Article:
PCLOS Rebuttal, Live Long and Game, TDF@4
The big story today in Linux news was the release of the long awaited Vulkan graphics API. The news was carried by just about everyone. Elsewhere, blogger DarkDuck said PCLinuxOS is "the walking dead" and a critical vulnerability in glibc has experts warning to upgrade immediately. SUSE announced SUSECon today and Charles-H. Schulz blogged about the "unusual" LibreOffice 5.1 release on this The Document Foundation's fourth birthday.
Khronos Group today announced the Vulkan 1.0 graphics API specification saying it is meant to compliment OpenGL and not replace it. Vulkan is cross-platform, gives games direct control of the graphic chip, and saves main processor cycles. It also takes advantage of today's multi-core processors. NVIDIA's Neil Trevett said, "Vulkan's multi-threading and explicit resource management can enable a new class of smooth, high-performance engines and applications." NVIDIA and Intel have provided drivers for their chips with Vulkan support already but, ironically, we're still waiting for AMD's Linux version. Game developers are already hopping on-board.
Coincidently, the day after Matt Hartley's love letter to PCLOS, blogger DarkDuck wasn't as impressed. He didn't give it the run-through Hartley did, in fact, he lost interest after having network connectivity issues. DarkDuck sells CDs and DVDs of Linux distributions and was a bit surprised when an order came in for PCLinuxOS KDE because the last ISO was released in 2014. As Hartley said, there's a DVD worth of updates after the install, but DarkDuck wonders why an updated install image hasn't been released. He said it'd be better for their users and his customers. He added that the PCLOS website is also outdated saying, "They are stuck somewhere in 2007, I suspect." Duck sent out the CD to the customer but he asked, "Why bother with this zombie?"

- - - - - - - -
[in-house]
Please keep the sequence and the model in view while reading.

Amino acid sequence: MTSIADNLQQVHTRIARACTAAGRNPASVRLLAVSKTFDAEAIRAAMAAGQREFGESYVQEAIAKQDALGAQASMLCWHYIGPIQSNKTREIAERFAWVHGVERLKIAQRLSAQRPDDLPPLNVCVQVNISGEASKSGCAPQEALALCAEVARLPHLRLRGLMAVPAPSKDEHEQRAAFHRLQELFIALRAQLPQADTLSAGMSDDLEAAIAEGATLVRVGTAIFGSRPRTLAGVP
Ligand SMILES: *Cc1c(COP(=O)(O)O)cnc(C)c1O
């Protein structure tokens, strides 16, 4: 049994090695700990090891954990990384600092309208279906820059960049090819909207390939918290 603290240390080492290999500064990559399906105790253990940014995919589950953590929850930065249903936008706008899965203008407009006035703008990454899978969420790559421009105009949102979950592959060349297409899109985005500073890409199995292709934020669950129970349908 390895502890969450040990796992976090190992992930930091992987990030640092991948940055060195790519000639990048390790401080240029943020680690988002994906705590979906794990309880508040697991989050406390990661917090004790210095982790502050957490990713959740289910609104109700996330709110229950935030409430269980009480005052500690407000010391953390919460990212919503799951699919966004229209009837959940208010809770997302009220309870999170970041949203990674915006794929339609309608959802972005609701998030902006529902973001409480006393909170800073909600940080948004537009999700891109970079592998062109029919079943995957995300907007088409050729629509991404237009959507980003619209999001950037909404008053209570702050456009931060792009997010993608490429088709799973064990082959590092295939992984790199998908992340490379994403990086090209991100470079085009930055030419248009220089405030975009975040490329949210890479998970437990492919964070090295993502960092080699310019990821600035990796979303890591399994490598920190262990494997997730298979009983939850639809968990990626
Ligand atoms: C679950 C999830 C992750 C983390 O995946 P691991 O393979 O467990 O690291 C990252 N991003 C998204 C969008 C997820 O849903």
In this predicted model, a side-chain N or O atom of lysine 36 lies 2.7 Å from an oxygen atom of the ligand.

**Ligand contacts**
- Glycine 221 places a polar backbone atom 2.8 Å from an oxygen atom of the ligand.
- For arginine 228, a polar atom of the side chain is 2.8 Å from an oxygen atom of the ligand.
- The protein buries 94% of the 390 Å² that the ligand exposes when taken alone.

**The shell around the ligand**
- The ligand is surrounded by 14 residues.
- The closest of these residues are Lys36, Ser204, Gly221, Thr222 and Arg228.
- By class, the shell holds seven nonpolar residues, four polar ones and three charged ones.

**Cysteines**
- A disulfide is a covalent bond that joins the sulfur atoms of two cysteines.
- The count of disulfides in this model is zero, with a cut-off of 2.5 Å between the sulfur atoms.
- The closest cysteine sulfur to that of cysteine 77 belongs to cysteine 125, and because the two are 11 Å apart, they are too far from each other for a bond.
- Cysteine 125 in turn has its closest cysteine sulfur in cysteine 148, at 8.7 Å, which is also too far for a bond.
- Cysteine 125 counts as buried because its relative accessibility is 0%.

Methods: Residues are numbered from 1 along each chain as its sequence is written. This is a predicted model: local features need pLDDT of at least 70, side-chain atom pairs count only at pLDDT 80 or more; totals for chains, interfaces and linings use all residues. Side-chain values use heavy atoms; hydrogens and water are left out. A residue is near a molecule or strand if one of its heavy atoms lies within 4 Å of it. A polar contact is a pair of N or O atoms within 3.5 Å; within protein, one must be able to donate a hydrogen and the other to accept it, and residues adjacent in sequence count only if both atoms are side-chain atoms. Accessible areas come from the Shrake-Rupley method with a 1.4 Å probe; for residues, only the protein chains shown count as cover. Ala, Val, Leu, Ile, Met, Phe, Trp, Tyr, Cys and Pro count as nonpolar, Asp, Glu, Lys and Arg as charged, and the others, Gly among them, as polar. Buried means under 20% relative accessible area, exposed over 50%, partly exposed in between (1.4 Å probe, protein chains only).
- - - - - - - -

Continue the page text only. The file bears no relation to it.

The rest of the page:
Linux expert and writer Katherine Noyes today said, "Stop what you're doing and apply this patch." Researchers discovered a new bug in long stable code that can allow "attacker-controlled domain names, attacker-controlled DNS servers or man-in-the-middle attacks." Red Hat and Google verified the vulnerability in glibc 2.9 onward and Red Hat's Carlos O'Donell released a patch for it today. It should be trickling down to distributions in the coming days. InfoWorld's Fahmida Y. Rashid has more details as to the nature and uses of the vulnerability.
In other news: